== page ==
Few strategies are as effective as half-truths in swaying public opinion. That's because unlike blatant falsehoods, they have enough plausibility to mask their insidiousness. One of the best examples is "The Failure of American Schools," (The Atlantic, June 2011) by Joel Klein, who served as chancellor of the New York City school system from 2002 through 2010 before resigning to become CEO of News Corporation's educational division.
Klein begins by acknowledging that despite the improvements made on his watch, the system is "still not remotely where it needs to be. That story holds more than true for the country at large." He then goes on to cite reasons for his assessment. So let's take the points he raises in the order that he presents them to show why his statements are so misleading.
First, Klein points to the National Assessment of Educational Progress, which shows that one-third or fewer of eighth grade students were proficient in math, science or reading. What he doesn't take time to explain is that the highest level of achievement on NAEP is advanced. This is the equivalent of an A+. The next level is proficient, which is equivalent to an A or a very high B. The following level is basic, which translates to a C. By omitting this information, Klein leaves the distinct impression that schools are failing. Yet we know that in any large scale population there will always be a distribution of scores, with most being average, or a C.
Second, Klein charges that the "rest of the world is moving ahead" of the U.S. He offers as evidence the World Economic Forum. It ranks the U.S. 48th in math and science education. But the same organization has consistently ranked the U.S. No. 1 in its annual Global Competitiveness Report. (The only exception was after 9/11 when the U.S. was bumped down to No. 2.) How important can these test scores be in the larger scheme of things? Once again, Klein omits crucial information.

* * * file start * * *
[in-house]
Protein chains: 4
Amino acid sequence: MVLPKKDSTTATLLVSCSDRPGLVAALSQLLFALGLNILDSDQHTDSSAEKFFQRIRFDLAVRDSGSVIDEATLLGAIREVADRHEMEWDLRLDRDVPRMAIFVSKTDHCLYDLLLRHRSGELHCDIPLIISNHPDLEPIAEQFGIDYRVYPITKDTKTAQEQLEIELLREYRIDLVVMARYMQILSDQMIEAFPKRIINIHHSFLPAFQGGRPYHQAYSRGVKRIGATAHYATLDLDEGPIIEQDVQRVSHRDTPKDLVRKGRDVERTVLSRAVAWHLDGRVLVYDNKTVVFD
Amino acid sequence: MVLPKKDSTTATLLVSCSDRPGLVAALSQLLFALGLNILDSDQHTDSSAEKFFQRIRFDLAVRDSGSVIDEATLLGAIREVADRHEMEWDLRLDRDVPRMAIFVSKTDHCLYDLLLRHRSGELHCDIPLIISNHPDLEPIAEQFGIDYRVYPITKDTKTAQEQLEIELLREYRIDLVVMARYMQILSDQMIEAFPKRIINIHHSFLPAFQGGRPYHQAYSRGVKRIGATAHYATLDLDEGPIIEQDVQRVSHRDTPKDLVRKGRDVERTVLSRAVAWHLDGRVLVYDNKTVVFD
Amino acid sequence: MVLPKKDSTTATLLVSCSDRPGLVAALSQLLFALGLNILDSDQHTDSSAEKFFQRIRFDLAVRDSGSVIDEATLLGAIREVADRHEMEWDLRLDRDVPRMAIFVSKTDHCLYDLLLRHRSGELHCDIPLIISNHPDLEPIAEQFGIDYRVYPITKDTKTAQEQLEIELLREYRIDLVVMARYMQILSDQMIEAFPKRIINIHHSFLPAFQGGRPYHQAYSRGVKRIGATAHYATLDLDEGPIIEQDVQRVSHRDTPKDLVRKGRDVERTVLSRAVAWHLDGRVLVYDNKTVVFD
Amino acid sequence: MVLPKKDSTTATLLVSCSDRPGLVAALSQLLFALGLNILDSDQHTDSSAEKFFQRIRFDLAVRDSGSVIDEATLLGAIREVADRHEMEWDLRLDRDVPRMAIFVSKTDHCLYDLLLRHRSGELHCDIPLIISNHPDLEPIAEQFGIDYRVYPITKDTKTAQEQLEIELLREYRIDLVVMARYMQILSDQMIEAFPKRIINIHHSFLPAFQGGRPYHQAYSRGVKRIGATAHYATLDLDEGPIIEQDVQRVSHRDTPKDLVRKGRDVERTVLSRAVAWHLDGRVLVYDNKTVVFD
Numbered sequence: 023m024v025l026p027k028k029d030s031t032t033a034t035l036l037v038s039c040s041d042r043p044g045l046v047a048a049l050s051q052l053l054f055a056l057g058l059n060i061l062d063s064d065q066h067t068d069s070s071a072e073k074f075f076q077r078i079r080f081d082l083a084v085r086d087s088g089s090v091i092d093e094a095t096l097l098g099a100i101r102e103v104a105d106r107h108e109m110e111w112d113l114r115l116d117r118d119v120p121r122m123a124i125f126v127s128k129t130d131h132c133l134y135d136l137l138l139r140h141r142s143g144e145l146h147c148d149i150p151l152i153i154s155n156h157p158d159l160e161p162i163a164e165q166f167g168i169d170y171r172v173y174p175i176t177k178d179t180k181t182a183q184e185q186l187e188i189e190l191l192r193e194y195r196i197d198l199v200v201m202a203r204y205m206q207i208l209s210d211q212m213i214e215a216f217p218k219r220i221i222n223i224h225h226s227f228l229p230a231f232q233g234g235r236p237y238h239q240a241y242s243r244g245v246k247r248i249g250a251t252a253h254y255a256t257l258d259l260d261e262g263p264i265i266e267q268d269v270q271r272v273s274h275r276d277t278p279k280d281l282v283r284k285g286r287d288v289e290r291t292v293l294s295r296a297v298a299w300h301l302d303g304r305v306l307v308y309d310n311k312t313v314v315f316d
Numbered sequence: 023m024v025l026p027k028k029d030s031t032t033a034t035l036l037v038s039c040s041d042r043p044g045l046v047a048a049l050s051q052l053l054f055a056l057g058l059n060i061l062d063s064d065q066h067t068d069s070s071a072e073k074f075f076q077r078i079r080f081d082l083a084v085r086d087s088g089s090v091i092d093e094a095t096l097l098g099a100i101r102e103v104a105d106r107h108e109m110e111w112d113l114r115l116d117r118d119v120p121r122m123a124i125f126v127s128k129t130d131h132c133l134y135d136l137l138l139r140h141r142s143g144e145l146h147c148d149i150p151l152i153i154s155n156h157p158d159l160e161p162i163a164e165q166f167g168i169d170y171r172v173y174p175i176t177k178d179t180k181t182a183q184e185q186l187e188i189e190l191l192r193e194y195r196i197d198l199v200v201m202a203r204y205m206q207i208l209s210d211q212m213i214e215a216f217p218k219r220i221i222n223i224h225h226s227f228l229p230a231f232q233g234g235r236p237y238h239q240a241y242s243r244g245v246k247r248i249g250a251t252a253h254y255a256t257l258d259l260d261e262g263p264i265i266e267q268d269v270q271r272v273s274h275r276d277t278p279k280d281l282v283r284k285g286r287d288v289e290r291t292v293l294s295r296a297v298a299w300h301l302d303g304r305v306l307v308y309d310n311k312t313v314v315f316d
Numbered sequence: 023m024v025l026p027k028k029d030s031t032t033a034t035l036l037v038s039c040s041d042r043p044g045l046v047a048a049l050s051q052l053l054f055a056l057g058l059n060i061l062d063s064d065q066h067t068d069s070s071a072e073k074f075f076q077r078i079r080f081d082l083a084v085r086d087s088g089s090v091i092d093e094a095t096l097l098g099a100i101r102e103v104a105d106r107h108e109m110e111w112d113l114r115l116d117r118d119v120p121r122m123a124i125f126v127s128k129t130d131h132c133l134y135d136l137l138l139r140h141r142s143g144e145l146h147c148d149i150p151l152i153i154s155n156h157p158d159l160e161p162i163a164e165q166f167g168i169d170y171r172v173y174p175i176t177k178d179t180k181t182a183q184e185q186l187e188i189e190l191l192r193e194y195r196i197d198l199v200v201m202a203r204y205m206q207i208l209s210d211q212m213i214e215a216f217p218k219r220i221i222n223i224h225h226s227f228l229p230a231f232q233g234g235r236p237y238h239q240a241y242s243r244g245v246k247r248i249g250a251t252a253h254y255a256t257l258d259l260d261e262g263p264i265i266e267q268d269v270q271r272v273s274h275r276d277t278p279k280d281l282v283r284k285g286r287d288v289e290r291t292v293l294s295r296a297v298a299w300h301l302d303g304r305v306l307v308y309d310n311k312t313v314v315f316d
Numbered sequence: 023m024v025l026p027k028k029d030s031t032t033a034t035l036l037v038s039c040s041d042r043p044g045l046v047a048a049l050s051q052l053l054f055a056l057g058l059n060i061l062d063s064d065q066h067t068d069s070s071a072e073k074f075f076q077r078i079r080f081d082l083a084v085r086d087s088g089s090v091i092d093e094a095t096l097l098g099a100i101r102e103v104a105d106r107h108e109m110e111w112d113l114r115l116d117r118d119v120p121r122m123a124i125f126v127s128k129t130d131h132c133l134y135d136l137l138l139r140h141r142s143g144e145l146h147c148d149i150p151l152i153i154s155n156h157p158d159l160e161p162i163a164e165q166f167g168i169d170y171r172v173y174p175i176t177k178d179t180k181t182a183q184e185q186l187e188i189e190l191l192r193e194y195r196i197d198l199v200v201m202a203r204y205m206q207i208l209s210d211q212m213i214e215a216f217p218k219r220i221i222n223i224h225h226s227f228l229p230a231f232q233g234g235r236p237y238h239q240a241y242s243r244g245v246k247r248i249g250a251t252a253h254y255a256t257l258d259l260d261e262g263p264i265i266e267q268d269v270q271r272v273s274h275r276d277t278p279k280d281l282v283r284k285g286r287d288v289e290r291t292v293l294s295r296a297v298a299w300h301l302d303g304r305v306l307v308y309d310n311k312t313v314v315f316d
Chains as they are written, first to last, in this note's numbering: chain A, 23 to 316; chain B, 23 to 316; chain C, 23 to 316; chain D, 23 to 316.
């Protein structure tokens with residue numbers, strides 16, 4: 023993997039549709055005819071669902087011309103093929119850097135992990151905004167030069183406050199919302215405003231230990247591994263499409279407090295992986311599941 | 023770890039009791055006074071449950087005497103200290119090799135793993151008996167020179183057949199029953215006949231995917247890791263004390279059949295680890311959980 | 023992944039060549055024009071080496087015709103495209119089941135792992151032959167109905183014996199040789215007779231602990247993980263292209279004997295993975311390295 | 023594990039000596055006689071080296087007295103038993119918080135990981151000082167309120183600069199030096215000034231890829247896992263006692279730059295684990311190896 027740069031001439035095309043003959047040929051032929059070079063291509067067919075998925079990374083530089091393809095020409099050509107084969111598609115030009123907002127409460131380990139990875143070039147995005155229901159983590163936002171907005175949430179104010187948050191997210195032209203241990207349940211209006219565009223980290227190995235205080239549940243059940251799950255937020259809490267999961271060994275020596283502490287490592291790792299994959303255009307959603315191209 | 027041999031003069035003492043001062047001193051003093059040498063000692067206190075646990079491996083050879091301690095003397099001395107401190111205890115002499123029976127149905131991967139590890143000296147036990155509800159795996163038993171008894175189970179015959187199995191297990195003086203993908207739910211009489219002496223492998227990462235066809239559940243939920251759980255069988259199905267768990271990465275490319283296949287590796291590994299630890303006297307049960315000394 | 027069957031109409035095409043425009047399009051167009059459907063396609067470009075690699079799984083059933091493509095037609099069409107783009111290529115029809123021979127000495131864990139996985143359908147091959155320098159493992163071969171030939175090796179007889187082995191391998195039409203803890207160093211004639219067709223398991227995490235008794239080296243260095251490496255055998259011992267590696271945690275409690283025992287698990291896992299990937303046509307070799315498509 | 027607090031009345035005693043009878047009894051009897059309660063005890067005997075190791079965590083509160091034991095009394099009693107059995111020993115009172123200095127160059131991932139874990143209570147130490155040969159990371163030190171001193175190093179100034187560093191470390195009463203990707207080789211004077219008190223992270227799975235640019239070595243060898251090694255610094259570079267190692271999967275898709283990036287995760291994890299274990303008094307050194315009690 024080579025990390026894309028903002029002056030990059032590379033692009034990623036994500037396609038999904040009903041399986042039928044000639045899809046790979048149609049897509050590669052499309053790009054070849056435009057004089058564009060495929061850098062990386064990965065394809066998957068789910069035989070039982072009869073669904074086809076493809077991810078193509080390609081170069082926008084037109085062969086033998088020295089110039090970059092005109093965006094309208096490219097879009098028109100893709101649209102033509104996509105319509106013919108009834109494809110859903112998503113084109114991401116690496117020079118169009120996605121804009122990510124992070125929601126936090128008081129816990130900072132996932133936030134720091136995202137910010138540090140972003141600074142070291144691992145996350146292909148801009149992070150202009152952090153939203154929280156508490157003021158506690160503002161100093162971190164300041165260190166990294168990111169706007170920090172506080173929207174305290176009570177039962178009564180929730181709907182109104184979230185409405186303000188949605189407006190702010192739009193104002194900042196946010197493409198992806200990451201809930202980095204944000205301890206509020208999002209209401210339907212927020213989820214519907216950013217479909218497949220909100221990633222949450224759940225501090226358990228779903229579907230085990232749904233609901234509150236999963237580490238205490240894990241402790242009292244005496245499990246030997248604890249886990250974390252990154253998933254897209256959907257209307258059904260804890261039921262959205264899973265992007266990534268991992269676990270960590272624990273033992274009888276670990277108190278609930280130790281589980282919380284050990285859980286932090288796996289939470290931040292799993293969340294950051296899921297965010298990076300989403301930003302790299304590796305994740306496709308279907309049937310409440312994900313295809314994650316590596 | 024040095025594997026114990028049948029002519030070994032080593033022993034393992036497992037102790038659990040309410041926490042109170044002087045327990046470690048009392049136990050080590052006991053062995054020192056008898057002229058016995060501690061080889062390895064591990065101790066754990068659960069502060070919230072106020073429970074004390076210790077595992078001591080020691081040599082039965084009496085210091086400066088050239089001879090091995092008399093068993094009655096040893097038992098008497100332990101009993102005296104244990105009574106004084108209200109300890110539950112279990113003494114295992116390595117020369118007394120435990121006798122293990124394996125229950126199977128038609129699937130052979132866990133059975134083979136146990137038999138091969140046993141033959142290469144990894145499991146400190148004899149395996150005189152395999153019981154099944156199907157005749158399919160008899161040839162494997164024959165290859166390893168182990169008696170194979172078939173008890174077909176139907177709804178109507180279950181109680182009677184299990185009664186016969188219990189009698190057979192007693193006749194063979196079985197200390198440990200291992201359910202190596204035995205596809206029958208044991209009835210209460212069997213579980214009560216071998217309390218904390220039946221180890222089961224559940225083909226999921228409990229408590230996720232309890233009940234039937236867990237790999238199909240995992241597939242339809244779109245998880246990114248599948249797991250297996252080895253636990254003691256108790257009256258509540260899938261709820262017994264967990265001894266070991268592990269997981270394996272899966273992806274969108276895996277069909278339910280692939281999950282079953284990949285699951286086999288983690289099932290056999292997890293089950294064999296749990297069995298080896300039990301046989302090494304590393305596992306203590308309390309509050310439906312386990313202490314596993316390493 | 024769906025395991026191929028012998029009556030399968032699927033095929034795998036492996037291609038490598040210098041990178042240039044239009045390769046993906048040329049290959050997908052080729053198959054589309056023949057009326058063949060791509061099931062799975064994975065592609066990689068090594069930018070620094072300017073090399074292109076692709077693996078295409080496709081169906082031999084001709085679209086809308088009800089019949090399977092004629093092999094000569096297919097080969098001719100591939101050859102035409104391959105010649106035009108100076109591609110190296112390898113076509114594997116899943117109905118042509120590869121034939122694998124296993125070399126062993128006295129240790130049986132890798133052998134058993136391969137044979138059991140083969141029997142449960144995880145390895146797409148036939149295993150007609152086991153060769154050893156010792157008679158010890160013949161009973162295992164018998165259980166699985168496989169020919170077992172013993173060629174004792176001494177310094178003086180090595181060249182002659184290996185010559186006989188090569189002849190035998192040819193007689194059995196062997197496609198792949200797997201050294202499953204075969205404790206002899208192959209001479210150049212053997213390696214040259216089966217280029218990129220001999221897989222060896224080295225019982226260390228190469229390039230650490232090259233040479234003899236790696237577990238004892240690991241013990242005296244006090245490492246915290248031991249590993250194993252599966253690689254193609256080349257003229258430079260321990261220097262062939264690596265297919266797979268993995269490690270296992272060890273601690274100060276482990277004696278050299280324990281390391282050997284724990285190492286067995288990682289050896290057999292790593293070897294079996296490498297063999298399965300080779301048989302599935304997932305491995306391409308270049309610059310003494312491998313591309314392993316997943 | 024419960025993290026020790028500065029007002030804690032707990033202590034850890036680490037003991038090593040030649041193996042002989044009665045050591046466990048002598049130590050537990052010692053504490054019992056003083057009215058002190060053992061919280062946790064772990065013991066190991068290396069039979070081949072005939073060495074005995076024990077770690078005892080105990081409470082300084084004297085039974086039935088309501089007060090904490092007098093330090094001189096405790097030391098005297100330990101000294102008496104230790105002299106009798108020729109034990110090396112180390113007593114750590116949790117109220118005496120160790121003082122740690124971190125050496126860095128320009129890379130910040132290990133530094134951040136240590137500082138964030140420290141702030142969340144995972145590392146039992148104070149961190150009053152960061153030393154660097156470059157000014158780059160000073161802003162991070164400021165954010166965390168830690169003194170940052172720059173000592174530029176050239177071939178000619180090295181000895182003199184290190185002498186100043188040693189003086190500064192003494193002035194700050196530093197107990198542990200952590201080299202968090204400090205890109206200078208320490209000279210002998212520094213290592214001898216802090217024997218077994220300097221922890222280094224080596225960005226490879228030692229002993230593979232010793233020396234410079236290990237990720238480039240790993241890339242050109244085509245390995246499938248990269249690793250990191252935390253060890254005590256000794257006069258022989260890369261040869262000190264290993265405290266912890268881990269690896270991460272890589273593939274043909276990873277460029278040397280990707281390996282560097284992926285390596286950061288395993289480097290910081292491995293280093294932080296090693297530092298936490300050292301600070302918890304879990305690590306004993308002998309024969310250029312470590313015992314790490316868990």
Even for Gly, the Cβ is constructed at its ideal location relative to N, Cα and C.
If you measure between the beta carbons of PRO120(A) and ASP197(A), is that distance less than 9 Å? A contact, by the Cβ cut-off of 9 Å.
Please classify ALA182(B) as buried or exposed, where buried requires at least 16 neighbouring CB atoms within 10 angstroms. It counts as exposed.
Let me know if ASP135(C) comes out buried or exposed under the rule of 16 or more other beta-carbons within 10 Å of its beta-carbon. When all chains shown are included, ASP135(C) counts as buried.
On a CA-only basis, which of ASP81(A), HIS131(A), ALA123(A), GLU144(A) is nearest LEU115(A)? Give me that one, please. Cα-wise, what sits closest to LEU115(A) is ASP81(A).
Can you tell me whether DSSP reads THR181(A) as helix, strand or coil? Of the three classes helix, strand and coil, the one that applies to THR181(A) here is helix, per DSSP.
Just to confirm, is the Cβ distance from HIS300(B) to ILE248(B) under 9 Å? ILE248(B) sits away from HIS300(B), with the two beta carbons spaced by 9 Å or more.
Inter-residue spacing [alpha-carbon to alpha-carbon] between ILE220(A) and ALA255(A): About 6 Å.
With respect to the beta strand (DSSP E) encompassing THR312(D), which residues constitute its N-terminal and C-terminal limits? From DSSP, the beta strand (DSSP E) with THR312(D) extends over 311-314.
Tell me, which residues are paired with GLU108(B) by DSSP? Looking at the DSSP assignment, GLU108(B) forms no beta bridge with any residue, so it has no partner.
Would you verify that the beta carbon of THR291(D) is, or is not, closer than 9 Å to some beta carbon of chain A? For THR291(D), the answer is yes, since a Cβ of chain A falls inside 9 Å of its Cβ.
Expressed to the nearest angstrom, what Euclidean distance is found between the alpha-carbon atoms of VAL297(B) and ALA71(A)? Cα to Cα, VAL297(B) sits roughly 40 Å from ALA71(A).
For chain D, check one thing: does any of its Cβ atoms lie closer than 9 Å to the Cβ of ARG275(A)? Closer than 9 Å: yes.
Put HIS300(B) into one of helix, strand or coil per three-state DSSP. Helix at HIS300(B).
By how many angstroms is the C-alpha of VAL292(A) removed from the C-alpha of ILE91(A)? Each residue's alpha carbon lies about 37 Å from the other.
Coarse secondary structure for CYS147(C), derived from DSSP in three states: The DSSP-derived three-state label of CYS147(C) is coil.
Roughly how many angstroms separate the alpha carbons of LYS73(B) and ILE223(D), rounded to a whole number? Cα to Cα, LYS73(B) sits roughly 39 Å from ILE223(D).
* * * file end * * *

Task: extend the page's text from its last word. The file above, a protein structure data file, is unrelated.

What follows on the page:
Third, Klein dismisses as an excuse the role that poverty plays in student performance. He conveniently leaves out the finding by the National Association of Secondary Principals that schools in the U.S. with less than a ten percent poverty rate posted a score of 551 on the latest Program for International Student Assessment, making the U.S. No. 1 when compared with ten countries having similar poverty numbers. He should know the perils of making judgments about disparate groups.
Finally, Klein uses the same technique of selective data in attacking teachers unions. He characterizes them as obstacles to reform. But in states like Massachusetts and Minnesota, where teachers are heavily unionized, students have the highest scores on NAEP. Conversely, in states like Arkansas, Louisiana and Mississippi, where virtually no union contracts exist, students have the lowest NAEP scores. He can't have things both ways. If teachers unions are the villains he makes them out to be, how does he explain these outcomes?
Public schools need constructive criticism. But Klein's essay does a disservice to the very students that he claims he wants to help.